This course explores a body of law intended to address the legal relationship among American Indian nations, the federal government, and states. This body of law is expressed in treaties, federal statutes and regulations, Solicitor's opinions, and Supreme Court decisions. It is a rapidly expanding field that implicates other branches of legal study, such as constitutional law, property, administrative law, environmental law, international law, and federal jurisdiction. It also addresses the interests and rights of non-Indians vis-à-vis their legal encounters with indigenous nations and tribes. The course also considers the impact that American Indian law in the United States is having globally as Native groups from around the world move to establish rights to natural resources, sovereignty, and cultural diversity. As a practicing attorney, you are more likely than ever before to encounter Indian law issues - from business transactions to adoption to complex jurisdictional and choice of law questions. Beyond practice, the study of Indian law tells us a great deal about how our legal system deals with issues of pluralism and about the tenor and contemporary morality of society.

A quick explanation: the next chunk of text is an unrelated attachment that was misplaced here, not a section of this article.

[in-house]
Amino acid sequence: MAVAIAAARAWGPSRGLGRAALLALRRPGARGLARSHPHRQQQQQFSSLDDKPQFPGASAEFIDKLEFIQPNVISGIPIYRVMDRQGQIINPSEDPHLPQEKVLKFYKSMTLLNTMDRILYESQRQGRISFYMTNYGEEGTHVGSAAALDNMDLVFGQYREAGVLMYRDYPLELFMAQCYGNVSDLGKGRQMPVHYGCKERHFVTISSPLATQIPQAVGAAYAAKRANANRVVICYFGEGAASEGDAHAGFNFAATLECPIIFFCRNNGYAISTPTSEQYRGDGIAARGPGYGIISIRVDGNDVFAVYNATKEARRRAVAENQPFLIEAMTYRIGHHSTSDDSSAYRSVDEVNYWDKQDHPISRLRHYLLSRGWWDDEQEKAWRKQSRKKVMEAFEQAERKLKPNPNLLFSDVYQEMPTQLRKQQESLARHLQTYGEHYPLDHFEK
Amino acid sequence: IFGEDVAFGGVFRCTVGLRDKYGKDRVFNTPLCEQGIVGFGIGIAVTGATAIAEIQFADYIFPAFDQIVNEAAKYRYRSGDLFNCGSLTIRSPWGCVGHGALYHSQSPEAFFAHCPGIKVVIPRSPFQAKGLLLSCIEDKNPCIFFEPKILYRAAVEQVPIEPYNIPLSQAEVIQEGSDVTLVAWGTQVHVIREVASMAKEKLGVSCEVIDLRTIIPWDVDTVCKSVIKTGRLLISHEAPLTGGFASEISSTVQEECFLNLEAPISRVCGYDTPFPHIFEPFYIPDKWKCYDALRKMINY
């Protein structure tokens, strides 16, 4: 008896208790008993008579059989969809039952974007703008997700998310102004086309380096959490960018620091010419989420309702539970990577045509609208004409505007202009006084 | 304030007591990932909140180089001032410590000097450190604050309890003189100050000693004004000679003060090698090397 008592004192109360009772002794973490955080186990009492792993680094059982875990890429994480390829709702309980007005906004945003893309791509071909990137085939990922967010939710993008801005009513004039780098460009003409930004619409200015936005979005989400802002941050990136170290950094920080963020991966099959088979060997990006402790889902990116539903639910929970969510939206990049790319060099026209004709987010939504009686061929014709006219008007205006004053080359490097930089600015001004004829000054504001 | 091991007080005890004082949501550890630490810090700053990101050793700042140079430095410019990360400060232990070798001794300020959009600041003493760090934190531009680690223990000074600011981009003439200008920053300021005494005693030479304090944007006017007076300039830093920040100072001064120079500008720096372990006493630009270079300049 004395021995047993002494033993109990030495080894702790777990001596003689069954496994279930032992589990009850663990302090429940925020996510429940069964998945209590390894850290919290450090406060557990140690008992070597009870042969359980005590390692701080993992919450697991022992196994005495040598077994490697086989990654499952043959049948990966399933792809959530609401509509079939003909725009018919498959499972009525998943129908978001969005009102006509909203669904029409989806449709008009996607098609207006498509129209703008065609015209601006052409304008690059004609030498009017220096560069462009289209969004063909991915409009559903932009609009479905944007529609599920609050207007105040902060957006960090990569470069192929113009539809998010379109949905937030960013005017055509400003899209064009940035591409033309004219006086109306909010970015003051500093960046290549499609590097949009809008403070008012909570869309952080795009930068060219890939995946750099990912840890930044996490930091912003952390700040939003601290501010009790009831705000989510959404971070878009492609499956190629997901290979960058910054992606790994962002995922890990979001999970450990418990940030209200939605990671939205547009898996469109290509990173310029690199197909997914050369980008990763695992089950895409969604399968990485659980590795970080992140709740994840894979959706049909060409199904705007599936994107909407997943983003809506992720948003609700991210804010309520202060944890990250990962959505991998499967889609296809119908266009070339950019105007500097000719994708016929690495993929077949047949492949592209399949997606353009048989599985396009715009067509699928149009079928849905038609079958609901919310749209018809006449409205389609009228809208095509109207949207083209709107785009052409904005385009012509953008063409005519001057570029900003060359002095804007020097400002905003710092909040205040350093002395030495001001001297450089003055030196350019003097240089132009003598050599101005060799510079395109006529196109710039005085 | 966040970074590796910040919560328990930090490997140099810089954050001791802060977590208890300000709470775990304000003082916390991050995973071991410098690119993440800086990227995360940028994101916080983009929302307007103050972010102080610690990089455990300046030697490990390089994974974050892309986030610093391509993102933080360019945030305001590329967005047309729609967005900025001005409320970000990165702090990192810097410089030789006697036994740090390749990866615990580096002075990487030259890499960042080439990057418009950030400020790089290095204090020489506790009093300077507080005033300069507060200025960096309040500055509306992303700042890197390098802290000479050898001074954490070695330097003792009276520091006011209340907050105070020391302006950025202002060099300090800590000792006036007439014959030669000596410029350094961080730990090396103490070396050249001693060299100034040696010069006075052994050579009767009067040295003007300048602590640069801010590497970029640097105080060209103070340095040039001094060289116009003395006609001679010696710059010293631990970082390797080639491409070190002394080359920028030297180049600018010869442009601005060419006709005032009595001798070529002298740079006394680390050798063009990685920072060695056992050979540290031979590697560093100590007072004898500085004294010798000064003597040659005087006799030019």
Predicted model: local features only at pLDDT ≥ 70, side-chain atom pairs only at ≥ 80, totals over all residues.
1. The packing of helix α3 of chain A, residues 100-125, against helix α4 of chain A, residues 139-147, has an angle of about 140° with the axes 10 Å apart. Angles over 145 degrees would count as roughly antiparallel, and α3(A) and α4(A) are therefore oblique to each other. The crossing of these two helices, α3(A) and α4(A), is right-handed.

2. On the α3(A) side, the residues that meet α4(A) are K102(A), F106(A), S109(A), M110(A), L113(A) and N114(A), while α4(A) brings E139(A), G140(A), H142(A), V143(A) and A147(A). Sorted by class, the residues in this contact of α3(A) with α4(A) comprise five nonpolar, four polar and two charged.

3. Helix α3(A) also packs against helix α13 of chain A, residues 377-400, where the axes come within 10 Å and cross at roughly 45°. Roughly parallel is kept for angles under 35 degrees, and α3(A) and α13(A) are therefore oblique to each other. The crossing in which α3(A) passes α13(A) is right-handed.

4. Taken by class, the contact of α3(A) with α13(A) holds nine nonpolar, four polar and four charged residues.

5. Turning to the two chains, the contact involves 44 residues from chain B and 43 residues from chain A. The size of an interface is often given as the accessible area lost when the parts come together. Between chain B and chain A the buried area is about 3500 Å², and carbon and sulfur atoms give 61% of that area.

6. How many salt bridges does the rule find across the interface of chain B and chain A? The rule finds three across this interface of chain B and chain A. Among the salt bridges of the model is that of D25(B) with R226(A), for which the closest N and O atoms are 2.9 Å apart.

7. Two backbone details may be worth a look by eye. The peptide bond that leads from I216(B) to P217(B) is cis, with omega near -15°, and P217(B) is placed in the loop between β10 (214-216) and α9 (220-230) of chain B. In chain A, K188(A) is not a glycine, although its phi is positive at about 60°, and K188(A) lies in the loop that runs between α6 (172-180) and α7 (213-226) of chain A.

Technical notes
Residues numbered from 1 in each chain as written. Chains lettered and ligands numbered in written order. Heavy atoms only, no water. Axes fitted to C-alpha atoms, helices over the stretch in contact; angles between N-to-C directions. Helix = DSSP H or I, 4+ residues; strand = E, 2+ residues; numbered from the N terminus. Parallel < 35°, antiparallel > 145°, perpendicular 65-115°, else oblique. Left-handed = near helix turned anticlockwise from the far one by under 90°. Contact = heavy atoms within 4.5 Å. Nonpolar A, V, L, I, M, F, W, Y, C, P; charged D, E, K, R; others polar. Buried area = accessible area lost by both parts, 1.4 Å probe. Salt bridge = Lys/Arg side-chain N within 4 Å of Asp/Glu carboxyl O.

Faculty comments: This course introduces students to the unique legal relationship that exists between the United States and its indigenous peoples. It covers a host of issues from domestic constitutional law, to property to international human rights law. The grade for this course is determined by class participation and a final take-home exam. Class participation includes attendance, participation in class discussions and group exercises, and review of current events.
is limited: 20
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International Law Concentration Requirements
Home Exam Required
<<Course Updated: April 01, 2013>>